Restaurants that display calories on their menus serve healthier food than those that don’t, a UK study has found.
Researchers from the Centre for Diet and Activity Research (CEDAR), part of the MRC Epidemiology Unit at the University of Cambridge, looked at energy and nutritional information on the websites of the most popular 100 UK restaurant chains during March and April 2018. Of these 100 restaurants, 42 provided some form of energy and nutritional information online, but only 13 provided menu labelling in stores.
Items from restaurants with in-store menu labelling had on average 45% less fat and 60% less salt than items from other restaurants.
Writing in the open access journal PLOS ONE, the CEDAR researchers concluded that menu labelling is associated with serving items with less fat and salt in popular UK chain restaurants. Mandatory menu labelling may encourage reformulation of items served by restaurants, they said, which could produce healthier options, leading to public health benefits.
A sensible solution to the obesity epidemic?
Obesity levels worldwide have almost tripled since 1975, making it one of the most pressing public health challenges today. Poor diet is a leading contributor to obesity as well as to diseases including type 2 diabetes, heart disease and cancer.
Food from restaurants and fast food takeaways tends to be high in energy, fat, sugar and salt compared to food prepared at home. Some health campaigners have called for restaurants to improve the nutritional information available to customers. Mandatory menu labelling for large restaurant chains was introduced in the US in May 2018. In the UK, the government included voluntary menu labelling in its Public Health Responsibility Deal in 2011.
The UK government has been consulting for the past year on mandatory calorie labelling of restaurant menus as part of its childhood obesity plan. No announcement on a final policy has been made so far.
The CEDAR researchers suggested that their study added weight to the assumption that providing customers with clearer information on the energy content of food served will allow them to make more informed, and hence ‘better’, choices. What’s more, they added it is also possible that menu labelling could change what outlets serve, as nutritionally-poor food could lead to bad publicity.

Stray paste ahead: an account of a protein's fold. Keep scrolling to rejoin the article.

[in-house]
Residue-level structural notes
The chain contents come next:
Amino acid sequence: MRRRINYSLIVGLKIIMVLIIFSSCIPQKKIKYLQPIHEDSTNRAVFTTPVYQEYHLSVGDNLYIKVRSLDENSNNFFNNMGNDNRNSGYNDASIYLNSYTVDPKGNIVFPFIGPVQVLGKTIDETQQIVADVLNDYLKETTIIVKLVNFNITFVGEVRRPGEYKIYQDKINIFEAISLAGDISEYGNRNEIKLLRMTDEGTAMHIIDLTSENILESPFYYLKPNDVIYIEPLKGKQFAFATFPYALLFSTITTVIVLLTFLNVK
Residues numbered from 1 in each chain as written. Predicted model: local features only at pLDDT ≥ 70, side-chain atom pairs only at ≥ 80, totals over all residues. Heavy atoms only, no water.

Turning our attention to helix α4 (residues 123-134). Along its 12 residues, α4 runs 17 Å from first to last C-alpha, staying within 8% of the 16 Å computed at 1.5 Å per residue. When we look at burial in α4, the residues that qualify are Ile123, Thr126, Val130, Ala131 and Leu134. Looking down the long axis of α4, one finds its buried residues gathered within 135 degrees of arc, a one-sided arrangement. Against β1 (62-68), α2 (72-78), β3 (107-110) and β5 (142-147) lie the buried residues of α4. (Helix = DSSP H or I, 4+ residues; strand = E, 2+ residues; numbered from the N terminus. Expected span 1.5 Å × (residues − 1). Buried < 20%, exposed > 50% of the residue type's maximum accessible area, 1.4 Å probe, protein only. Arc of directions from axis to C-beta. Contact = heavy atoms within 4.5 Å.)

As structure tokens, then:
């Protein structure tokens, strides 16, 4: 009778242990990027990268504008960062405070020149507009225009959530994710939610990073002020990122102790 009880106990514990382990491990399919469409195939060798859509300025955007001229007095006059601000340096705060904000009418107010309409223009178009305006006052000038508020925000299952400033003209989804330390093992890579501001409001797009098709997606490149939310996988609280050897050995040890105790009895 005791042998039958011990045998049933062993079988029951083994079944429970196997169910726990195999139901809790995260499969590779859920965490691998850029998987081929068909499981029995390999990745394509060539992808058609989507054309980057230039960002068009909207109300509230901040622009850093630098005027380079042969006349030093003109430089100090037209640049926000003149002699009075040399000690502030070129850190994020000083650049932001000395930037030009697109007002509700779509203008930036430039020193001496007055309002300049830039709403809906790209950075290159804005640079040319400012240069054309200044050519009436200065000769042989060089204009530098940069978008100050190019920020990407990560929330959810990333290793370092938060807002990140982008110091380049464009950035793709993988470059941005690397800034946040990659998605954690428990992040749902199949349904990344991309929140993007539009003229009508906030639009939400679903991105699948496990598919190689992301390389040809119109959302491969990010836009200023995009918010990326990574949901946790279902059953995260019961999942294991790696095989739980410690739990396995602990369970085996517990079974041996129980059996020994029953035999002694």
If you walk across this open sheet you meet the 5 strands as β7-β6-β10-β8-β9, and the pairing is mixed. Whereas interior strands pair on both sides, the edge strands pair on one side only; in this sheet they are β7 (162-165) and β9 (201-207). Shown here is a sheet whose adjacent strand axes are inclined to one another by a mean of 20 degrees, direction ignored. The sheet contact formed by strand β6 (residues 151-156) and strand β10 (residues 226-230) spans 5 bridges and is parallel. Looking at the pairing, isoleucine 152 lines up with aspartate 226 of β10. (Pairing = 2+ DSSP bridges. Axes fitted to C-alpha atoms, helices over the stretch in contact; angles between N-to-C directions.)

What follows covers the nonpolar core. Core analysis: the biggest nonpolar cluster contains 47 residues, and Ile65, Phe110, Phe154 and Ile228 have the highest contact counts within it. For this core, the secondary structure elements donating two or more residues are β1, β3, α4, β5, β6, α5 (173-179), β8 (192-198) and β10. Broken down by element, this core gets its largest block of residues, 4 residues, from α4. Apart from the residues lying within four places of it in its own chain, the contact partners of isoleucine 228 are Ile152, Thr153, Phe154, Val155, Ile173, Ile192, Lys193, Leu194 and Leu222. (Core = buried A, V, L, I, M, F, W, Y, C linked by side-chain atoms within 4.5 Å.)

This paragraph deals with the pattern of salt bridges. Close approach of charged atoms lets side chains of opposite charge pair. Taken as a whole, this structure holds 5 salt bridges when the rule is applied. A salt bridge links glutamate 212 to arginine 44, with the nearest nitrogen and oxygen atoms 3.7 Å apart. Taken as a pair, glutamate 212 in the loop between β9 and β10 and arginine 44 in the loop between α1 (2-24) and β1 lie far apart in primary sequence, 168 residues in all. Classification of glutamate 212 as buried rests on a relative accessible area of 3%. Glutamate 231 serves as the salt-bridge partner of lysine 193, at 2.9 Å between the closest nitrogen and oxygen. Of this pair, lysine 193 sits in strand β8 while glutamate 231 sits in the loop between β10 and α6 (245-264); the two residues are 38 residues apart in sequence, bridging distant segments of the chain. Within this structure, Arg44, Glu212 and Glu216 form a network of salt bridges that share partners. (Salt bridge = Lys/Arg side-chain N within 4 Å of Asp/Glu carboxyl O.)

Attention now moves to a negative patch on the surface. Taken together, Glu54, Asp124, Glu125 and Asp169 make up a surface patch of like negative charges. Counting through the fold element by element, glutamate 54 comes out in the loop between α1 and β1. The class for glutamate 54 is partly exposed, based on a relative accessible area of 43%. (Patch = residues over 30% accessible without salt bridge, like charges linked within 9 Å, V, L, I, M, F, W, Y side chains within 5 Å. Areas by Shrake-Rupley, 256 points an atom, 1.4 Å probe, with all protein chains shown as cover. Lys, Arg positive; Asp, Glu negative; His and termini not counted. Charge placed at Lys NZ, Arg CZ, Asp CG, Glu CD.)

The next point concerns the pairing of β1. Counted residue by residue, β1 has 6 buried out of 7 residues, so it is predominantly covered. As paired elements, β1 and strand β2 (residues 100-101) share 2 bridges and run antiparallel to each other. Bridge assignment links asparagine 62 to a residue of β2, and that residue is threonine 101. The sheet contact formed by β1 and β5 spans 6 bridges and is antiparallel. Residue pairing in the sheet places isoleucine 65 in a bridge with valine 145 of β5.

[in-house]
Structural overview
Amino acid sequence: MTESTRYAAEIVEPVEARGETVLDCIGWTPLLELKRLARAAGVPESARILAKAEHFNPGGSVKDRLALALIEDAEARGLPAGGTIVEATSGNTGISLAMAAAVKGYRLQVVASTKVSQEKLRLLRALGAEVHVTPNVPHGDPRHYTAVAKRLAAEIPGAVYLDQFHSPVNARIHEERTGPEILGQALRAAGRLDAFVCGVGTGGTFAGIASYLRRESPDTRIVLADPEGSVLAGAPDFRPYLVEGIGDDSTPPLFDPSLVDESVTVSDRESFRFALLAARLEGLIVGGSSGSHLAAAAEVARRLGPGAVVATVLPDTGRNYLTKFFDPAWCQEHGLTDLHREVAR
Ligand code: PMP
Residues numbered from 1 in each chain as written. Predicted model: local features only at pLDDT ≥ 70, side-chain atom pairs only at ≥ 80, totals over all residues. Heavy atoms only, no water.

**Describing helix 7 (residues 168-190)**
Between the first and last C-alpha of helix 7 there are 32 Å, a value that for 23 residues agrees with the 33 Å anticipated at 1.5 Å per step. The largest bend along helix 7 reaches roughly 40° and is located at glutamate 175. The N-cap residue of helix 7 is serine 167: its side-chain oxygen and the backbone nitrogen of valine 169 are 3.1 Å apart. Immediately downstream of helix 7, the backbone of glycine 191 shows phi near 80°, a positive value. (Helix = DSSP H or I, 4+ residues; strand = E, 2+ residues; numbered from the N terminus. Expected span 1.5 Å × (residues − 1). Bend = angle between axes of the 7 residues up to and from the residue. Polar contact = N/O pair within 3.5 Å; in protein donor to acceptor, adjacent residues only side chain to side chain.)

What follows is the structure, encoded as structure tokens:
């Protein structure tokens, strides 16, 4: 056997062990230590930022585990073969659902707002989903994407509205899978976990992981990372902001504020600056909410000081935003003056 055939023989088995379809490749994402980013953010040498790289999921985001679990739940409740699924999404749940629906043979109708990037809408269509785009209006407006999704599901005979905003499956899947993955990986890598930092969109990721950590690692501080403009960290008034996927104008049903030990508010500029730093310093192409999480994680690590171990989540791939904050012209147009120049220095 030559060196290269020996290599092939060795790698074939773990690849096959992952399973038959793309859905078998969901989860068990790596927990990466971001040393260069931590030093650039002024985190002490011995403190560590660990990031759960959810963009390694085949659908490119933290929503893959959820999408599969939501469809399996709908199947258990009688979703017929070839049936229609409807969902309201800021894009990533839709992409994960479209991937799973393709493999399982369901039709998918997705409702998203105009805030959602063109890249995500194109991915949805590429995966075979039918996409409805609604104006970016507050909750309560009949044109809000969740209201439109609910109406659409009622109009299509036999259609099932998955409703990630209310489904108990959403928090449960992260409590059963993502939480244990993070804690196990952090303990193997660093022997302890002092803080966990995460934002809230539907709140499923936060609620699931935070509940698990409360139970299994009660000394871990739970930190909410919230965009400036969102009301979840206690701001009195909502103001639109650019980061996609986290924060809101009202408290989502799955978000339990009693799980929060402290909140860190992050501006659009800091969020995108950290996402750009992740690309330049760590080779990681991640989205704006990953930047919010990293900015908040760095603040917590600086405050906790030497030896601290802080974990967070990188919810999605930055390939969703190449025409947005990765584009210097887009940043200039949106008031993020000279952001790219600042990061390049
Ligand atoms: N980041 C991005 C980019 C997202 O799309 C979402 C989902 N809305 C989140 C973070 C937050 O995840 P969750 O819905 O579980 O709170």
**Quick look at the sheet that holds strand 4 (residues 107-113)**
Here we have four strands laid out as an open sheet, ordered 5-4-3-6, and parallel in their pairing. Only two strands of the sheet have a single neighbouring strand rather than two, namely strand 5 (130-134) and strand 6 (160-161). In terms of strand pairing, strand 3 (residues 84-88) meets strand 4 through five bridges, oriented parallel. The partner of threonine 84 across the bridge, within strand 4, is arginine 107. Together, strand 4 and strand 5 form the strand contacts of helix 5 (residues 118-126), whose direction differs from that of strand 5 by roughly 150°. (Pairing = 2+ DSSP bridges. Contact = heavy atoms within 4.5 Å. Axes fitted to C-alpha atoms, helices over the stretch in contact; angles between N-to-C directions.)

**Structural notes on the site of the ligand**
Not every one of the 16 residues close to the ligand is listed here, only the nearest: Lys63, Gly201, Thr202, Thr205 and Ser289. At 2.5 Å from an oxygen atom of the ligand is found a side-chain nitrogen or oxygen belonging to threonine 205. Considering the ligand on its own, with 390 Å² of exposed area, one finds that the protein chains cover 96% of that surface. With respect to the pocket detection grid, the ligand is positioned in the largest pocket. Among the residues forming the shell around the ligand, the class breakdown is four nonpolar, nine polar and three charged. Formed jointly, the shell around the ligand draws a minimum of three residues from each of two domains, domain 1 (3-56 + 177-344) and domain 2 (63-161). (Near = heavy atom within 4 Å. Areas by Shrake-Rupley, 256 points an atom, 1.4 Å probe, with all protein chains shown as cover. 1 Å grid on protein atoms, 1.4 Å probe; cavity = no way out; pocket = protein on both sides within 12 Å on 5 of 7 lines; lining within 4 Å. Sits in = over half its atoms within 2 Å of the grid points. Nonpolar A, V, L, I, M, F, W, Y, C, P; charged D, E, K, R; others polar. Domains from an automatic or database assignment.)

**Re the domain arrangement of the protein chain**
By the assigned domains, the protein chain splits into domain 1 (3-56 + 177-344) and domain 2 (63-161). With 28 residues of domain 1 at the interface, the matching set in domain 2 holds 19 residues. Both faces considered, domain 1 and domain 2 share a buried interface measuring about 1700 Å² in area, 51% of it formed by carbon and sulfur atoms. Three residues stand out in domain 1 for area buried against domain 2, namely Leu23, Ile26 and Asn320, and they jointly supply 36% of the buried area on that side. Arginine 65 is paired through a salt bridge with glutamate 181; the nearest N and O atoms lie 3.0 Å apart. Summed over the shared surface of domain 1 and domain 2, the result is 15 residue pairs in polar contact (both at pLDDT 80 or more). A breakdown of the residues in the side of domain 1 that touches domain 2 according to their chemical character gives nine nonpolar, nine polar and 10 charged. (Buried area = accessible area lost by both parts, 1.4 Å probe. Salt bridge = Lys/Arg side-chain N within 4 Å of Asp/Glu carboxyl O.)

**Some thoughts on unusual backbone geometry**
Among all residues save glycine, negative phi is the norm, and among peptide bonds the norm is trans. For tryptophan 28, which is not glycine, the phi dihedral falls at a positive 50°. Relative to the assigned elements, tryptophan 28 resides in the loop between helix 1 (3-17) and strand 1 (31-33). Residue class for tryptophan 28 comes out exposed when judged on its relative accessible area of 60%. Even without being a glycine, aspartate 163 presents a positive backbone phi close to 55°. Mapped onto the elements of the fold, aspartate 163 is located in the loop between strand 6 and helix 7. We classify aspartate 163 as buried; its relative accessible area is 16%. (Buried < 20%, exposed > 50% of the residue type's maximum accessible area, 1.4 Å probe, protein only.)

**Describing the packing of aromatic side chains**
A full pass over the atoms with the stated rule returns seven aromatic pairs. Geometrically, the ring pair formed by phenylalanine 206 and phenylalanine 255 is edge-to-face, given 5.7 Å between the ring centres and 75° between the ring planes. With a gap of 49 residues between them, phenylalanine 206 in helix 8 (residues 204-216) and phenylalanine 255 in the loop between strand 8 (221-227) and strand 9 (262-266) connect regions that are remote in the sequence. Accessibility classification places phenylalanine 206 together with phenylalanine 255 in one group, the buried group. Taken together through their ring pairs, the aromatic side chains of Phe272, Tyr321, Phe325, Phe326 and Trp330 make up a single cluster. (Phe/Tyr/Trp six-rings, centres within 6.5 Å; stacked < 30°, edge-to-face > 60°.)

Dolly Theis from CEDAR and the MRC Epidemiology Unit at Cambridge said: “This is the first study to look at differences in nutritional content of food from restaurants with and without menu labelling in the UK. It suggests that on the whole, restaurants that provide information on calories on menus also serve healthier food, in terms of fat and salt levels. As well as providing useful information for customers, mandatory menu labelling could also encourage restaurants to improve the nutritional quality of their menus.”
The researchers said that menu labelling may encourage restaurants to change the content of their food and also that those chains with ‘healthier’ offerings are more likely to label their menus. Twelve of the 14 restaurants that provided voluntary menu labelling were in the top 50 restaurants by sales – larger chains may come under more scrutiny from governments, the media, campaign groups and the public to provide both menu labelling and healthier options.
Across all menu categories, at least three-quarters of individual menu items were below the daily maximum recommended intake for energy, fat, saturated fat, sugar and salt. However, some individual items contained more than twice the daily recommended amount for energy, fat, saturated fat, sugar or salt. In one case, an individual dish contained 5,961kcal – almost three times the daily recommended maximum for an average adult woman.
Dr Adams added: “We found some restaurant items that hugely exceeded the daily recommended intake for energy, fats, sugar and salt. More than a quarter of UK adults eat meals out at least once a week, so such large or nutritionally-imbalanced portions could contribute to poor dietary intake at a population level.”
'Calorie labelling on menus can prompt people towards the healthier options'
The UK-based Obesity Health Alliance, which campaigns to prevent obesity-related ill-health, welcomed the study. Caroline Cerny, Alliance Lead at the Obesity Health Alliance, said: “We already know that calorie labelling on menus can prompt people towards the healthier options, now this study shows that it also leads to outlets providing healthier menus as a whole. We all have the right to know what is in the food we eat, whether we buy it in the supermarket or in a restaurant. Mandatory calorie labelling would make this happen and we now need the Government to act swiftly in bring this policy in.”
‘Differences in energy and nutritional content of menu items served by popular UK chain restaurants with versus without voluntary menu labelling: A cross-sectional study’
Authors: Dolly R. Z. Theis, Jean Adams
The research was funded by the British Heart Foundation, Cancer Research UK, Economic and Social Research Council, Medical Research Council, National Institute for Health Research, and Wellcome.